Effects of age and pubertal status on depression in a large clinical sample
The rate of depression rises overall between childhood and adolescence, and by early adulthood depression is twice as common in women as in men. However, study results are conflicting as to the relative rates of depression in prepubertal boys and girls, and it is not clear whether the rates in adolescent boys rise, fall, or remain steady. It is also uncertain when in adolescence the female preponderance emerges. A number of studies point to effects of the biological developments of puberty as having an important place in these changes. From a developmental point of view, the fact that the hormonal and physical changes of puberty differ in boys and girls, mean that a “biological explanation” fits in well with the gender differentiation in rates of depression across puberty. In a sample of 3,519 8–16-year-old psychiatric patients, both boys and girls shared increasing levels of depression across this age range, but the rate of increase was faster in girls. There was no difference in the rates of depression between boys and girls before the age of 11, but by the age of 16 girls were twice as likely as boys to have significant depressive symptomatology. When age was controlled for, pubertal status had no effect on depression scores. Thus, these results did not support the idea that the biological changes of puberty are a primary motive force in producing the changes in the sex ratio in depression in adolescence. Therefore, further research on this topic needs not only to address the etiology of depression in young people, but also to search for etiologic factors with differential distributions or effects on boys and girls. © 1992, Cambridge University Press. All rights reserved.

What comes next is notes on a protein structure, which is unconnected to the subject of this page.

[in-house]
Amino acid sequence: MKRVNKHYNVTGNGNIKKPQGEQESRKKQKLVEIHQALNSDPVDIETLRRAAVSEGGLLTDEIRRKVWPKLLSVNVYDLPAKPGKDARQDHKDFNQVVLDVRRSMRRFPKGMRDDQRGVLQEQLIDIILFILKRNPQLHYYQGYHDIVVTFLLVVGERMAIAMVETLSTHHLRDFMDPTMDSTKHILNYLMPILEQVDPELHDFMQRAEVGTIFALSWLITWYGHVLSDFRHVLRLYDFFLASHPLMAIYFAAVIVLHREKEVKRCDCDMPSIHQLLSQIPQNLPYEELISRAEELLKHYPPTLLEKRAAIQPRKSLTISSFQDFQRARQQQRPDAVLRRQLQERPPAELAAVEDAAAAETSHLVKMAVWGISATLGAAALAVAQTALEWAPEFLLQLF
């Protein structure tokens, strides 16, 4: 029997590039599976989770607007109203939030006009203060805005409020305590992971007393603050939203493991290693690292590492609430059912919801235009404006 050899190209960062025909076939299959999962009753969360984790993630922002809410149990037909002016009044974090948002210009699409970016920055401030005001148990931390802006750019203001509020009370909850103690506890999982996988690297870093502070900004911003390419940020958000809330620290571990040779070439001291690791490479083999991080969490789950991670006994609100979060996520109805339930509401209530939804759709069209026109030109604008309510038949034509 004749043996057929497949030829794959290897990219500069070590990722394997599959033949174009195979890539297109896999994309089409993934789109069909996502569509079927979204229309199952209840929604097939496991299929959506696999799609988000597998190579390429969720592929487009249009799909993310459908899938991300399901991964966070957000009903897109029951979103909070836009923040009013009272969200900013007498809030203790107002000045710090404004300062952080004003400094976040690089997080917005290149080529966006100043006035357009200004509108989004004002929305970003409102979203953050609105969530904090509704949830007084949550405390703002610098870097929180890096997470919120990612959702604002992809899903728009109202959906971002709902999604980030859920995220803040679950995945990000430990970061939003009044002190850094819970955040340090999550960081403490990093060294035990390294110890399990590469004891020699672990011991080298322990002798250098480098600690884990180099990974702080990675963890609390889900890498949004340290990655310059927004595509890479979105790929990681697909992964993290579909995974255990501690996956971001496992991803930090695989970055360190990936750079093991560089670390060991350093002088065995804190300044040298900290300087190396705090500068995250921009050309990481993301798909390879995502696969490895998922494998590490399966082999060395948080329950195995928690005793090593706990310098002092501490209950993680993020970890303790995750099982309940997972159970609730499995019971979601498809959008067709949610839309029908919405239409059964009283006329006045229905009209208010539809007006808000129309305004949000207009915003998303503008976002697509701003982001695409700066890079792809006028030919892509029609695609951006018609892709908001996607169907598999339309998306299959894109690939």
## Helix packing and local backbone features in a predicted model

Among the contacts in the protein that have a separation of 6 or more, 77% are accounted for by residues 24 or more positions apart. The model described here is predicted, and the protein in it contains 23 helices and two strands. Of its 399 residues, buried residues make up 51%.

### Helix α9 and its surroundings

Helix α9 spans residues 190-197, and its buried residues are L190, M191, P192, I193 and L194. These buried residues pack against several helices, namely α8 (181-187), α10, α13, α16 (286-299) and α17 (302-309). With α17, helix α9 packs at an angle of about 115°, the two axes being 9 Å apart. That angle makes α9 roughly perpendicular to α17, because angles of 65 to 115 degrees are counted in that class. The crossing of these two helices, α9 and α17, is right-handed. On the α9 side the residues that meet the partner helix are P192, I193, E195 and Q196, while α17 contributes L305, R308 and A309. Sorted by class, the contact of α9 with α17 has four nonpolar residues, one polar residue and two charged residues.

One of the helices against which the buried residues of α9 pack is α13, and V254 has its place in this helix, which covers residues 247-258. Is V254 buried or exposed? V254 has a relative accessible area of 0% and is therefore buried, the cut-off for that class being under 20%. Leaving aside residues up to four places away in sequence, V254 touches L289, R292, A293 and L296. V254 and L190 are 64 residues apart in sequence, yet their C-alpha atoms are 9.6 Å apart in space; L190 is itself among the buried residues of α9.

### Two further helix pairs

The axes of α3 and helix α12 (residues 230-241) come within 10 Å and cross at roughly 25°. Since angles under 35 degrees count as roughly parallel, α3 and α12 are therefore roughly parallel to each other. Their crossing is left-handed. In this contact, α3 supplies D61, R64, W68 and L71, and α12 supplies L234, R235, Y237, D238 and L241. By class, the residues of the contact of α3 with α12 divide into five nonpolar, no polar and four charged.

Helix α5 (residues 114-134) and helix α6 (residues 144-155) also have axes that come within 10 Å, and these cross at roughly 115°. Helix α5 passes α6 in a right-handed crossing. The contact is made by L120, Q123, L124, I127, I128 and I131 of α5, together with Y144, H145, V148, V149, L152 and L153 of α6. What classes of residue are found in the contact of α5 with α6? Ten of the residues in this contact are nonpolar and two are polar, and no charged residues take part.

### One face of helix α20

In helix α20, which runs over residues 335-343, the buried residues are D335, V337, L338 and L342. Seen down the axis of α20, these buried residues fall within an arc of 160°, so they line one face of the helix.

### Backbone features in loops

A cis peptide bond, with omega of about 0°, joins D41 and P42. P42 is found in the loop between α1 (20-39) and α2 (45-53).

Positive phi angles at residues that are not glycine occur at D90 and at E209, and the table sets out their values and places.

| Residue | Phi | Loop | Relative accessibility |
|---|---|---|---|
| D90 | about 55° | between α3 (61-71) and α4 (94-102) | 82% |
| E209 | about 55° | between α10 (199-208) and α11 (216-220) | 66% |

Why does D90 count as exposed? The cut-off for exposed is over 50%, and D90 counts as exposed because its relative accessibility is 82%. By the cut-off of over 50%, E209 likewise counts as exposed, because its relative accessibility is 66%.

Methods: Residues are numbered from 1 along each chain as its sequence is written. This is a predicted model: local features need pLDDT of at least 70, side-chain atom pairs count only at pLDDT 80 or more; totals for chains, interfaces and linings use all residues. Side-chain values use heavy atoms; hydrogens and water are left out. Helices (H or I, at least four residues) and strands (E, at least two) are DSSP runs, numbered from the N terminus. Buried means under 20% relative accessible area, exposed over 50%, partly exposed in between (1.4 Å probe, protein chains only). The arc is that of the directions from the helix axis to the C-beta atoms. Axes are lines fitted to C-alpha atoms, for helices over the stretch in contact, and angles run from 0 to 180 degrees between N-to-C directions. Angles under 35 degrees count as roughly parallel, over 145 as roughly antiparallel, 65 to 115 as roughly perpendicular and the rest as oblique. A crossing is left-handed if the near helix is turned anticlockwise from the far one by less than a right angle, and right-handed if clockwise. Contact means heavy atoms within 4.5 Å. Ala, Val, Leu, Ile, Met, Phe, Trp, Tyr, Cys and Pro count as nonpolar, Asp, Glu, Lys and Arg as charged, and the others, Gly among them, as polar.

Volume / Issue
Start / End Page
Electronic International Standard Serial Number (EISSN)
International Standard Serial Number (ISSN)
Digital Object Identifier (DOI)